WASHINGTON -- National Guard and Army Reserve units are providing valuable cyber capabilities for both combatant commanders and homeland security, leaders said, to include Guard security for elections.

Testifying before the House Appropriations Committee's Defense subcommittee at its Reserve Components hearing Tuesday were the chief of the National Guard Bureau and chiefs of the Army, Navy, Air Force and Marine Corps Reserve forces. They discussed a number of issues, including cybersecurity.

GUARD CYBER EFFORTS

During last year's mid-term elections, the National Guard monitored the cybersecurity of 27 state networks, said Air Force Gen. Joseph Lengyel, chief of the National Guard Bureau.

"This past election year there was a concern about the security of the networks," Lengyel said, so the commanders of U.S. Cyber Command and Northern Command brought all of the state adjutant generals to Colorado Springs for a briefing on the threat.

Cyber units were on state active-duty status during the most recent elections, he said, to ensure integrity of the election process.

Lengyel made it clear that the Guard units were strictly monitoring security of the networks, watching for foreign actors, not taking offensive cyber action.

"Our cyber units continue to protect our networks from malicious cyber attacks," he said.

"We continue to learn how to do this better."

ARMY RESERVE CYBER EFFORTS

"For the past two years, America's Army Reserve has been on a path to seize digital key terrain," said Lt. Gen. Charles Luckey, chief of the Army Reserve and commander of the U.S. Army Reserve Command.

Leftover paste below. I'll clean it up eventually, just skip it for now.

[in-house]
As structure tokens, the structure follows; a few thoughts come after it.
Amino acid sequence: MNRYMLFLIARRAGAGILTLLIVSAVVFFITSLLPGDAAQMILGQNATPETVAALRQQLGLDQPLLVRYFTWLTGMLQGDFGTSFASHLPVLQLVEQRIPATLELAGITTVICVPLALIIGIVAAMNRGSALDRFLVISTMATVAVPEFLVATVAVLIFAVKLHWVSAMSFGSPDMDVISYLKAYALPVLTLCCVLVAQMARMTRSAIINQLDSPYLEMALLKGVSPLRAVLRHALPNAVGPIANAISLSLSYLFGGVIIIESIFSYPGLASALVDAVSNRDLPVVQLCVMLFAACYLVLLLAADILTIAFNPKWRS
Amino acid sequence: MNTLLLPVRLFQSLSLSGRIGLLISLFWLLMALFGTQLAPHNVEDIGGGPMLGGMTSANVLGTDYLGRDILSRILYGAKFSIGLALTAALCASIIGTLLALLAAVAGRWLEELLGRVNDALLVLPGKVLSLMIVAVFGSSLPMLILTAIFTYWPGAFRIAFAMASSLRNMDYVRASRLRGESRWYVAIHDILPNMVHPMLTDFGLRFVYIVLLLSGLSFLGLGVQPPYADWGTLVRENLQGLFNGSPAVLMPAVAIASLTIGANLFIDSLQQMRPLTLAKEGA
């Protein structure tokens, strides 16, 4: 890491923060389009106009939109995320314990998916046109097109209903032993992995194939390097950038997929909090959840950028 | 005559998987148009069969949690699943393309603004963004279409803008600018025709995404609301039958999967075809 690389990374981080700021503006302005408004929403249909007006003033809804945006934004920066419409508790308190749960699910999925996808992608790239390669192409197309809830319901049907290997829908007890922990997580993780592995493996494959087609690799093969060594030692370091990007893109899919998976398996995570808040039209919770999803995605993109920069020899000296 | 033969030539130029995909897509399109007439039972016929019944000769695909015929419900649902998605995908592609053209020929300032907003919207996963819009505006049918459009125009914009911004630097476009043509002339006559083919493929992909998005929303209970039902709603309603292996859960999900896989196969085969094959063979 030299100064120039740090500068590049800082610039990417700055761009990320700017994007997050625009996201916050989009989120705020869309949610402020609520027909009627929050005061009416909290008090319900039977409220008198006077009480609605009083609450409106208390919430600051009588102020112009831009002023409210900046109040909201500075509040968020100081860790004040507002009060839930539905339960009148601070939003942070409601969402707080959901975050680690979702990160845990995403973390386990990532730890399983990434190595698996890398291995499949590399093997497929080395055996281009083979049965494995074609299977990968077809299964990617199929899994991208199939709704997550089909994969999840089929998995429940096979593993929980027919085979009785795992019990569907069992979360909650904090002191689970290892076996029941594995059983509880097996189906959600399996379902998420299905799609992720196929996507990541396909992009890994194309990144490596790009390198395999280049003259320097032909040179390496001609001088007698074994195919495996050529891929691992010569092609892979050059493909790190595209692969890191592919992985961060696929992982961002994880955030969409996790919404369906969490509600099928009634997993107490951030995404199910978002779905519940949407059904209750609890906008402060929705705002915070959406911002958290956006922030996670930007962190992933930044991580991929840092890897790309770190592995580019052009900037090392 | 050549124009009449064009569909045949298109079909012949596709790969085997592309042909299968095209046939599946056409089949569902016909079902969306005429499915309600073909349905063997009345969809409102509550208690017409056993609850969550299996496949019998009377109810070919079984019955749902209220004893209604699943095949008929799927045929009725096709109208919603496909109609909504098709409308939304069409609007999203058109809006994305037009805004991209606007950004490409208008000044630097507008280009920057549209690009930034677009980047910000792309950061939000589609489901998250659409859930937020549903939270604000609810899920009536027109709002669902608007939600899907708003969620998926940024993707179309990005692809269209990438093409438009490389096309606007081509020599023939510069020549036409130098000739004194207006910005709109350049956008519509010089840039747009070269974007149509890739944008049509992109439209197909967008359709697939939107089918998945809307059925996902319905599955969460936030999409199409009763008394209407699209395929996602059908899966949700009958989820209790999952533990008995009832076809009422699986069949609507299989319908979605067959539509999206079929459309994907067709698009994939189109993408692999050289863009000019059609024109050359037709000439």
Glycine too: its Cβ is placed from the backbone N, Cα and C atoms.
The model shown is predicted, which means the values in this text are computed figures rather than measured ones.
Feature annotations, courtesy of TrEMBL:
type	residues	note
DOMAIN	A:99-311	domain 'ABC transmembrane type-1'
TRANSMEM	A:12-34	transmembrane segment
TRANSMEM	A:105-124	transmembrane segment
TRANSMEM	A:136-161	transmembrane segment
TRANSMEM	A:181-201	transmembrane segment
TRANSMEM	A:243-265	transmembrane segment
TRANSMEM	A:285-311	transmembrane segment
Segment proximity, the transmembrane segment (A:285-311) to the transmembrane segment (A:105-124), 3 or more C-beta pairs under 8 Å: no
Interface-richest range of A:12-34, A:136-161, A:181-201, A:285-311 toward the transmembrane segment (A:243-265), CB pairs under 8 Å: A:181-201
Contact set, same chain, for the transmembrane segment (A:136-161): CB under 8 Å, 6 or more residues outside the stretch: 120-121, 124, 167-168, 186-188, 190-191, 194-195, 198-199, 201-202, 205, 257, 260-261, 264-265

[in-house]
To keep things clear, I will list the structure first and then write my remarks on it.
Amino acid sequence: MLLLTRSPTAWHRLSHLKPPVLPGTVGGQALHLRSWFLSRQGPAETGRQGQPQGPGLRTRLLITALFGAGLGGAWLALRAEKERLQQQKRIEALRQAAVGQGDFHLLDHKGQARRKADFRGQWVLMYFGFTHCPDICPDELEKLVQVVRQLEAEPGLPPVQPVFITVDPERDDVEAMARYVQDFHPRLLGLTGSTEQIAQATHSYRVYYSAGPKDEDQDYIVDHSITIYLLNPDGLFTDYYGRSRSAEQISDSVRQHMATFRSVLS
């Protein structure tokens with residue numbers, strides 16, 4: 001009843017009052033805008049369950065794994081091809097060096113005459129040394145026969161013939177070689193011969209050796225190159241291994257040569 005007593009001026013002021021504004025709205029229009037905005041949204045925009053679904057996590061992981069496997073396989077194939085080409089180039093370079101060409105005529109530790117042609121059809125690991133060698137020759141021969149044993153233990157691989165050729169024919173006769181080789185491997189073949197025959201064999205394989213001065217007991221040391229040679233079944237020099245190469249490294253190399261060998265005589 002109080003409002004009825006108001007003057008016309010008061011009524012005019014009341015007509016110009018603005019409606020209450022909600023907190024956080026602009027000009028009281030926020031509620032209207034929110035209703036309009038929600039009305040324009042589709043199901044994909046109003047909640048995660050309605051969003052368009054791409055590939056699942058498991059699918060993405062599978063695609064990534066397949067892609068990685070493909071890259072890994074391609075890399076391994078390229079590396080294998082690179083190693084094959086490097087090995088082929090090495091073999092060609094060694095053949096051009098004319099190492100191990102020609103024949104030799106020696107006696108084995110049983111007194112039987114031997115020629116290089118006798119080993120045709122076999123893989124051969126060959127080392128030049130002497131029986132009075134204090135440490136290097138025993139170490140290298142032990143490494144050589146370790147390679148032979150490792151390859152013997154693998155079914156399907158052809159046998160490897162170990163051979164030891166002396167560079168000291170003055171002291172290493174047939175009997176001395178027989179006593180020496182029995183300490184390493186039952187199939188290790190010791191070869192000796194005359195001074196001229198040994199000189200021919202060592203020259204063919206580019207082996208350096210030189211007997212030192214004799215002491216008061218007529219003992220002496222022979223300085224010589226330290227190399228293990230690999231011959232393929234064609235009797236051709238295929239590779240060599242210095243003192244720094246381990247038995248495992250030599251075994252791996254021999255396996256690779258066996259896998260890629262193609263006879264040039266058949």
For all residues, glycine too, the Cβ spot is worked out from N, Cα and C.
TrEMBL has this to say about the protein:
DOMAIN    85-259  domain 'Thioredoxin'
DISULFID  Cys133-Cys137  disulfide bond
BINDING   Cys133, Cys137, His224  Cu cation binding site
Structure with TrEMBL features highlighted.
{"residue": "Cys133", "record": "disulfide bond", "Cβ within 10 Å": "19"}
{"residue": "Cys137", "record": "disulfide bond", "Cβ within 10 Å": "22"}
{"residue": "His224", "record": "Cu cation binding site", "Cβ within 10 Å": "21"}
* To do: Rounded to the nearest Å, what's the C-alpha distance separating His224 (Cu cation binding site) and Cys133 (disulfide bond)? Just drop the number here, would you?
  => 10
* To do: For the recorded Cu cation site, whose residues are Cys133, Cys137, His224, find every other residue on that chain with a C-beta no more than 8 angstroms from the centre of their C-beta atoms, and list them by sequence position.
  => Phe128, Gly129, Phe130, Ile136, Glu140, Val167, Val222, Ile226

The Army Reserve's Innovation Command in Houston, Texas, is now in direct support of the Army Futures Command, he said, to assess and develop "emerging technology hubs across the country." The Innovation Command capitalizes on extensive civilian-acquired skills, he said.

As it pertains to cyberspace operations, he said the Army Reserve is "on a glide path" to establish cyber protection teams at key locations around the country, such as San Antonio, Texas; the California Bay area; Adelphi, Maryland; Fort Devens, Massachusetts, near Boston; and, Coraopolis, Pennsylvania, near Pittsburgh.

The Army Reserve Cyber Operations Group -- with five cyber protection centers and 10 cyber protection teams -- provides direct support to Army Cyber Command, and general support to other government agencies including the Department of Homeland Security, the National Security Agency and the Defense Intelligence Agency, he said.

"Army Reserve cyber Soldiers bring unique skills and experience to the force from their civilian occupations, drawn from over 40 corporations, financial institutions and academic centers of excellence," he said.

"The cyber talent within the Army Reserve delivers capability, improves cyber readiness, and increases our network defense capability."

To identify and cultivate cyber talent, the Army Reserve created the National Cyber Private Public Partnership in 2015. This program places Soldiers in critical Army Reserve cyber formations and provides enhanced opportunities to pursue civilian careers in the field, he explained.